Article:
HIPAA Violations and Enforcement
Failure to comply with HIPAA can result in civil and criminal penalties (42 USC § 1320d-5).
The “American Recovery and Reinvestment Act of 2009”(ARRA) that was signed into law on February 17, 2009, established a tiered civil penalty structure for HIPAA violations (see below). The Secretary of the Department of Health and Human Services (HHS) still has discretion in determining the amount of the penalty based on the nature and extent of the violation and the nature and extent of the harm resulting from the violation. The Secretary is still prohibited from imposing civil penalties (except in cases of willful neglect) if the violation is corrected within 30 days (this time period may be extended).
|Individual did not know (and by exercising reasonable diligence would not have known) that he/she violated HIPAA||$100 per violation, with an annual maximum of $25,000 for repeat violations (Note: maximum that can be imposed by State Attorneys General regardless of the type of violation)||$50,000 per violation, with an annual maximum of $1.5 million|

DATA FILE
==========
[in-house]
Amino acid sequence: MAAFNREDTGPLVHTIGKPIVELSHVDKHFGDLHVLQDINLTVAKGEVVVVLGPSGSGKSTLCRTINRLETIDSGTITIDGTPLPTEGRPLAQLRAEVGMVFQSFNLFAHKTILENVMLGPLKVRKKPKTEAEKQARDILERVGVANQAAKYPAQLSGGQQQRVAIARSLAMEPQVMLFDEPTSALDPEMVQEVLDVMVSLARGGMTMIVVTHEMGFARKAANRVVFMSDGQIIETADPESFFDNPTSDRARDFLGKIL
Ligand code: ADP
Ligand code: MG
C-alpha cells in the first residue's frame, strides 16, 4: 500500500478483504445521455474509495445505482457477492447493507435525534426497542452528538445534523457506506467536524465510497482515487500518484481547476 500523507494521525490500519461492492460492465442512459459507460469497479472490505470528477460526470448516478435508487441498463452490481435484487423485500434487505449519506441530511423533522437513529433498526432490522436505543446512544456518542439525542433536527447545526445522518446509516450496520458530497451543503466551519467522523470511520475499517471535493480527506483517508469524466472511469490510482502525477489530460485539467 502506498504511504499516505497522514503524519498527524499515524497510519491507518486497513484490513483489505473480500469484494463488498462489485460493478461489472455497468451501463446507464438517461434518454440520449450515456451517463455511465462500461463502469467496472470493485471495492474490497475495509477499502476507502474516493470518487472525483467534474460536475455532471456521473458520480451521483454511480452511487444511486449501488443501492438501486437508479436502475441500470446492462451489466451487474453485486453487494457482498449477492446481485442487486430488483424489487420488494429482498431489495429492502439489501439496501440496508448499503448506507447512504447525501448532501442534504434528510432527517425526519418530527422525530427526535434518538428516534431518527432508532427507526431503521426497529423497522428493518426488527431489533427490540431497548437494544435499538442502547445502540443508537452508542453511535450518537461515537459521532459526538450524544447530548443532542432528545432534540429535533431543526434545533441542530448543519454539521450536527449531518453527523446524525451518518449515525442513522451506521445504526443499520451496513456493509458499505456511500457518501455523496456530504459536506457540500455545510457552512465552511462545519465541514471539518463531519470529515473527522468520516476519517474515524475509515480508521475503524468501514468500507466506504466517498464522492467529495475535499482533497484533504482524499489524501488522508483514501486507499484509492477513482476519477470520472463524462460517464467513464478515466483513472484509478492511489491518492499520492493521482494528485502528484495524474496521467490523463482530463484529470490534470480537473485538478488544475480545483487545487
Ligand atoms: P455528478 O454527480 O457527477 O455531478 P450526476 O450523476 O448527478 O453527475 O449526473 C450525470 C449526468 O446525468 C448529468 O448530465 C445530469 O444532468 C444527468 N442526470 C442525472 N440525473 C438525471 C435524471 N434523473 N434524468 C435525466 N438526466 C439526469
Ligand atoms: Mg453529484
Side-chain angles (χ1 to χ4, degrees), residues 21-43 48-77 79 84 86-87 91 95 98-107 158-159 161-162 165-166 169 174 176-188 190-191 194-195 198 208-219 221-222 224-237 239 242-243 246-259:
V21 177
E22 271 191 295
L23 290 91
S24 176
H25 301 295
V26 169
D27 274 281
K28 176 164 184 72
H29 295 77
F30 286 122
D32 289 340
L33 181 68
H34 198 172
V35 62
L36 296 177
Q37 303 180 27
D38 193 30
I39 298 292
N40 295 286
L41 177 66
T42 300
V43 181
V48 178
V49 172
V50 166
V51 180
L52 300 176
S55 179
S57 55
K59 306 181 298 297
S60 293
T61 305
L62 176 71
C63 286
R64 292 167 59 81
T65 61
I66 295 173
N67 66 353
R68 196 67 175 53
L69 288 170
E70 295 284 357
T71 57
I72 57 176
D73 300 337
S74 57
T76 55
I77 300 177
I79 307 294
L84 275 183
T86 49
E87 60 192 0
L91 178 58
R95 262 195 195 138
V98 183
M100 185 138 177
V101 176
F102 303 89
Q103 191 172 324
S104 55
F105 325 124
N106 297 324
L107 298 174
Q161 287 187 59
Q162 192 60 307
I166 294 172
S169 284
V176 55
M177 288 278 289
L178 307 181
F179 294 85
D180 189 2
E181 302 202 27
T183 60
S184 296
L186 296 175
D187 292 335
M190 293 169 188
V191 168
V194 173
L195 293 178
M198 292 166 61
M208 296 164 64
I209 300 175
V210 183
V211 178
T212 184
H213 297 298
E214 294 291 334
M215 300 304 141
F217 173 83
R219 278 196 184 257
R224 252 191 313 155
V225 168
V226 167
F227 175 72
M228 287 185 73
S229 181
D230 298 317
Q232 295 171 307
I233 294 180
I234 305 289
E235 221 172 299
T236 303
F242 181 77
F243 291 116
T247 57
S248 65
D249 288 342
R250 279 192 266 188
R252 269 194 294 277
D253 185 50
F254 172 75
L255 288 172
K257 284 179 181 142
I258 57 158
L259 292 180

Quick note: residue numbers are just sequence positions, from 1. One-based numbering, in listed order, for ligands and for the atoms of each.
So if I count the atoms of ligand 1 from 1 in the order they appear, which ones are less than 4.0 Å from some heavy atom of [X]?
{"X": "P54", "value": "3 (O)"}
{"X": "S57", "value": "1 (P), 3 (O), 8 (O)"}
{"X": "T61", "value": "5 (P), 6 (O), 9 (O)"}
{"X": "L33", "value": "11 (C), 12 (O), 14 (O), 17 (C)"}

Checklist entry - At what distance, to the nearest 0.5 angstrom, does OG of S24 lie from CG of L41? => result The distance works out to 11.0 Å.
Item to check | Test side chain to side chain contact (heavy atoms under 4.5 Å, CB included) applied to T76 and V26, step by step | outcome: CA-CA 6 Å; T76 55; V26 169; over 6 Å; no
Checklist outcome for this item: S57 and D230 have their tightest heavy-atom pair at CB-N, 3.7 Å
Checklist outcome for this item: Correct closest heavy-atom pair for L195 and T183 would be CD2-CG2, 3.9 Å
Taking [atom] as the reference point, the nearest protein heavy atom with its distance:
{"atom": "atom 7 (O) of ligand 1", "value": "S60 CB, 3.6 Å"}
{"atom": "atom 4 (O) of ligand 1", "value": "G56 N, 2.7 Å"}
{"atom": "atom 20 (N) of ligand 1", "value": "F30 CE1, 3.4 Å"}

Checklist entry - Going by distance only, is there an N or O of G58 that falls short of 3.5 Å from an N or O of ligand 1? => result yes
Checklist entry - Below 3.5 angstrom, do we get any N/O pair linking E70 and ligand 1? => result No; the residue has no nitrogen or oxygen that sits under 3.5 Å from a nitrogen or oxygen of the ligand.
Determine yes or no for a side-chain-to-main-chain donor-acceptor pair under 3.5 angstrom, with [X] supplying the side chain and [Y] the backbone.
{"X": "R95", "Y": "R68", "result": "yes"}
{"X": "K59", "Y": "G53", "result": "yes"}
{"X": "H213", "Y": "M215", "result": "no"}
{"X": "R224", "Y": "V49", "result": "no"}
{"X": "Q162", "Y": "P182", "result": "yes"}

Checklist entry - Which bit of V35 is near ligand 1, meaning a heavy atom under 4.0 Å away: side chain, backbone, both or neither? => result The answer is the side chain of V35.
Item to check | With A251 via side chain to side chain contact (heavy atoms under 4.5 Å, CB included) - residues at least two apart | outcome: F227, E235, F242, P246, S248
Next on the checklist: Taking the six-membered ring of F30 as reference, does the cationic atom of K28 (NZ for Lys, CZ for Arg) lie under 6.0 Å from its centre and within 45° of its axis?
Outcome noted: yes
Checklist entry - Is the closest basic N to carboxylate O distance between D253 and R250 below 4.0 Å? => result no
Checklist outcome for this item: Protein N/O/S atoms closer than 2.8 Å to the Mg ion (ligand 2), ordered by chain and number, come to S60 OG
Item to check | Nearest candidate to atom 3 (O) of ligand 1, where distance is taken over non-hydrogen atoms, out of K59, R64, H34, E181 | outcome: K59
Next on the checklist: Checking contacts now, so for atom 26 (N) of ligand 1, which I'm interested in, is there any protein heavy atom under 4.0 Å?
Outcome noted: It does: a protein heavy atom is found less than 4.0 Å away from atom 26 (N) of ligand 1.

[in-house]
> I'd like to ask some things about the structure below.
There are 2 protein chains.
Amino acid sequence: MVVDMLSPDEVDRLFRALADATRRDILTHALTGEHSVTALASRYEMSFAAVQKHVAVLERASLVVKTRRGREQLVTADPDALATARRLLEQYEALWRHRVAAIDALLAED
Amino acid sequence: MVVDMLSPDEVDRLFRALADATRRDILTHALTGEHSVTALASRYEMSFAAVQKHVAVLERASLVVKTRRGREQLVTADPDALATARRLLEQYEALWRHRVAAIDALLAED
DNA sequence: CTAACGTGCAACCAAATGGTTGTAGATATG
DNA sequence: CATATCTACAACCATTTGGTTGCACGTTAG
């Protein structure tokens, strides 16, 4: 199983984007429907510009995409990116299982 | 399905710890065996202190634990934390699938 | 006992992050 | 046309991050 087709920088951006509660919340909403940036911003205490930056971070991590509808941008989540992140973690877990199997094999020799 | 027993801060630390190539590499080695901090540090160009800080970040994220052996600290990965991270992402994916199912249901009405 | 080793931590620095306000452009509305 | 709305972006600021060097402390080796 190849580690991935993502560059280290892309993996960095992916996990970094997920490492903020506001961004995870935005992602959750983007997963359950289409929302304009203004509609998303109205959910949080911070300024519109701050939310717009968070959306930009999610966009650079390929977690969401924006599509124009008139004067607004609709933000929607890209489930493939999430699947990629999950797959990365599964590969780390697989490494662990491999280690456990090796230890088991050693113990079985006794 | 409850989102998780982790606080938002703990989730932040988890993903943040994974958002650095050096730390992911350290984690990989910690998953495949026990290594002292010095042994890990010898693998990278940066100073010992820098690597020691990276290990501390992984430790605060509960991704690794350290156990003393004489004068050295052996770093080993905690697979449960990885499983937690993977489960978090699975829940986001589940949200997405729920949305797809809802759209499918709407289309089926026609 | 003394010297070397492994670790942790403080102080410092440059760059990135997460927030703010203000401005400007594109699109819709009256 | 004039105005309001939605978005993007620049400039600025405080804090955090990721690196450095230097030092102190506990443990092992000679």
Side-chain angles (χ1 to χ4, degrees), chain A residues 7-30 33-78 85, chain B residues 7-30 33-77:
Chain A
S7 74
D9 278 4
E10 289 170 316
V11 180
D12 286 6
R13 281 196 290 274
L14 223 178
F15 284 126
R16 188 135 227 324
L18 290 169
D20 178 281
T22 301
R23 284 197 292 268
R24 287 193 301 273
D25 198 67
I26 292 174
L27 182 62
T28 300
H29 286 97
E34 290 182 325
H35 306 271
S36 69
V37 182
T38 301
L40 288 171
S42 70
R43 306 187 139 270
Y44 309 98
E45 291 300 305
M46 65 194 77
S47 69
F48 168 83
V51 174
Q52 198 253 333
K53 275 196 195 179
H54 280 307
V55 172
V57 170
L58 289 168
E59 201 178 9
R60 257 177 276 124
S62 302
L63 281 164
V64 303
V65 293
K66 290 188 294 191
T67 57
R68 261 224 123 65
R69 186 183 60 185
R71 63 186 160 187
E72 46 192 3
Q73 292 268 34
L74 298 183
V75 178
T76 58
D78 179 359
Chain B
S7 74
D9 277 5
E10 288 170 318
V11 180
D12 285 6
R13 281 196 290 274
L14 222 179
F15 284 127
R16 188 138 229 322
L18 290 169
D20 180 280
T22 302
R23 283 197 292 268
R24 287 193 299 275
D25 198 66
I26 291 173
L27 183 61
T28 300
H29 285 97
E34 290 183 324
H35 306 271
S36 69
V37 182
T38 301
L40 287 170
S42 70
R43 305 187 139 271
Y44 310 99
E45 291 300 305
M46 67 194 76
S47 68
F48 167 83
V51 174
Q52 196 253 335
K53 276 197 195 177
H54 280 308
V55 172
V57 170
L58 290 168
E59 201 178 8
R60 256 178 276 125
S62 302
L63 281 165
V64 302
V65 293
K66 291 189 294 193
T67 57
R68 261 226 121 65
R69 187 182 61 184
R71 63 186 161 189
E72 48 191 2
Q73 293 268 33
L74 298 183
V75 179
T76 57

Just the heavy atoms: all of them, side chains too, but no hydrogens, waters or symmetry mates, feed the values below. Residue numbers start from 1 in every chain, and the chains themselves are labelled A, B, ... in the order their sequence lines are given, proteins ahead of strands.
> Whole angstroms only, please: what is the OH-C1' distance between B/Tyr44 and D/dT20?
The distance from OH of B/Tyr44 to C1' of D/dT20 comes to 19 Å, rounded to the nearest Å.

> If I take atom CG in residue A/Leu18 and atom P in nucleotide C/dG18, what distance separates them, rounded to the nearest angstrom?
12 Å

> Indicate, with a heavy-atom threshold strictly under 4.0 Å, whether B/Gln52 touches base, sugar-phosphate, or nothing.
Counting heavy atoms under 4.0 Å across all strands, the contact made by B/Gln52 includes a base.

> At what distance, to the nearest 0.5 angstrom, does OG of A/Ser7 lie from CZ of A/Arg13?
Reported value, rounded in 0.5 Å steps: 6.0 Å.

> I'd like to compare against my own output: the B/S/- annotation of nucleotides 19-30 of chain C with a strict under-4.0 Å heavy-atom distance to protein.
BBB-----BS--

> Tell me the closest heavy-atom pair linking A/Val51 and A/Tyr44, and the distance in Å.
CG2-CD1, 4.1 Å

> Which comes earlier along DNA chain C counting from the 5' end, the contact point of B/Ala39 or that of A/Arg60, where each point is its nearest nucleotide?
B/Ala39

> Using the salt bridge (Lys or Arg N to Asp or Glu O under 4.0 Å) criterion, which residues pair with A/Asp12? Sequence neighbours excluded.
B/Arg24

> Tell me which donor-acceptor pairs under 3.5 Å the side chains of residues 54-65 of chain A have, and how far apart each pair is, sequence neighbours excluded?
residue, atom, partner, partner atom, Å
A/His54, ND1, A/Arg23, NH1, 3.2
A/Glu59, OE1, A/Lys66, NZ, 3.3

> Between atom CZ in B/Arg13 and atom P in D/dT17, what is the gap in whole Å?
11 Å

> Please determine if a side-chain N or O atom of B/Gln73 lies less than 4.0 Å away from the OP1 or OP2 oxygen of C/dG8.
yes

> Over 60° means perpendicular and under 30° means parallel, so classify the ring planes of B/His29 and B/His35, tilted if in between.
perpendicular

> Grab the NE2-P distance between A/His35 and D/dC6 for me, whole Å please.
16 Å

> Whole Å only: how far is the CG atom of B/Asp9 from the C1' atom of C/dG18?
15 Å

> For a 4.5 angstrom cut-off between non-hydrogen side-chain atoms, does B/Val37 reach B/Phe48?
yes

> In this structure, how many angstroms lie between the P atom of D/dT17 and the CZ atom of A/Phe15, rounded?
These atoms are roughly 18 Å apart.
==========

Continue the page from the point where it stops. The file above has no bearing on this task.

|HIPAA violation due to reasonable cause and not due to willful neglect||$1,000 per violation, with an annual maximum of $100,000 for repeat violations||$50,000 per violation, with an annual maximum of $1.5 million|
|HIPAA violation due to willful neglect but violation is corrected within the required time period||$10,000 per violation, with an annual maximum of $250,000 for repeat violations||$50,000 per violation, with an annual maximum of $1.5 million|
|HIPAA violation is due to willful neglect and is not corrected||$50,000 per violation, with an annual maximum of $1.5 million||$50,000 per violation, with an annual maximum of $1.5 million|
In June 2005, the U.S. Department of Justice (DOJ) clarified who can be held criminally liable under HIPAA. Covered entities and specified individuals, as explained below, whom “knowingly” obtain or disclose individually identifiable health information in violation of the Administrative Simplification Regulations face a fine of up to $50,000, as well as imprisonment up to one year. Offenses committed under false pretenses allow penalties to be increased to a $100,000 fine, with up to five years in prison. Finally, offenses committed with the intent to sell, transfer, or use individually identifiable health information for commercial advantage, personal gain or malicious harm permit fines of $250,000, and imprisonment for up to ten years.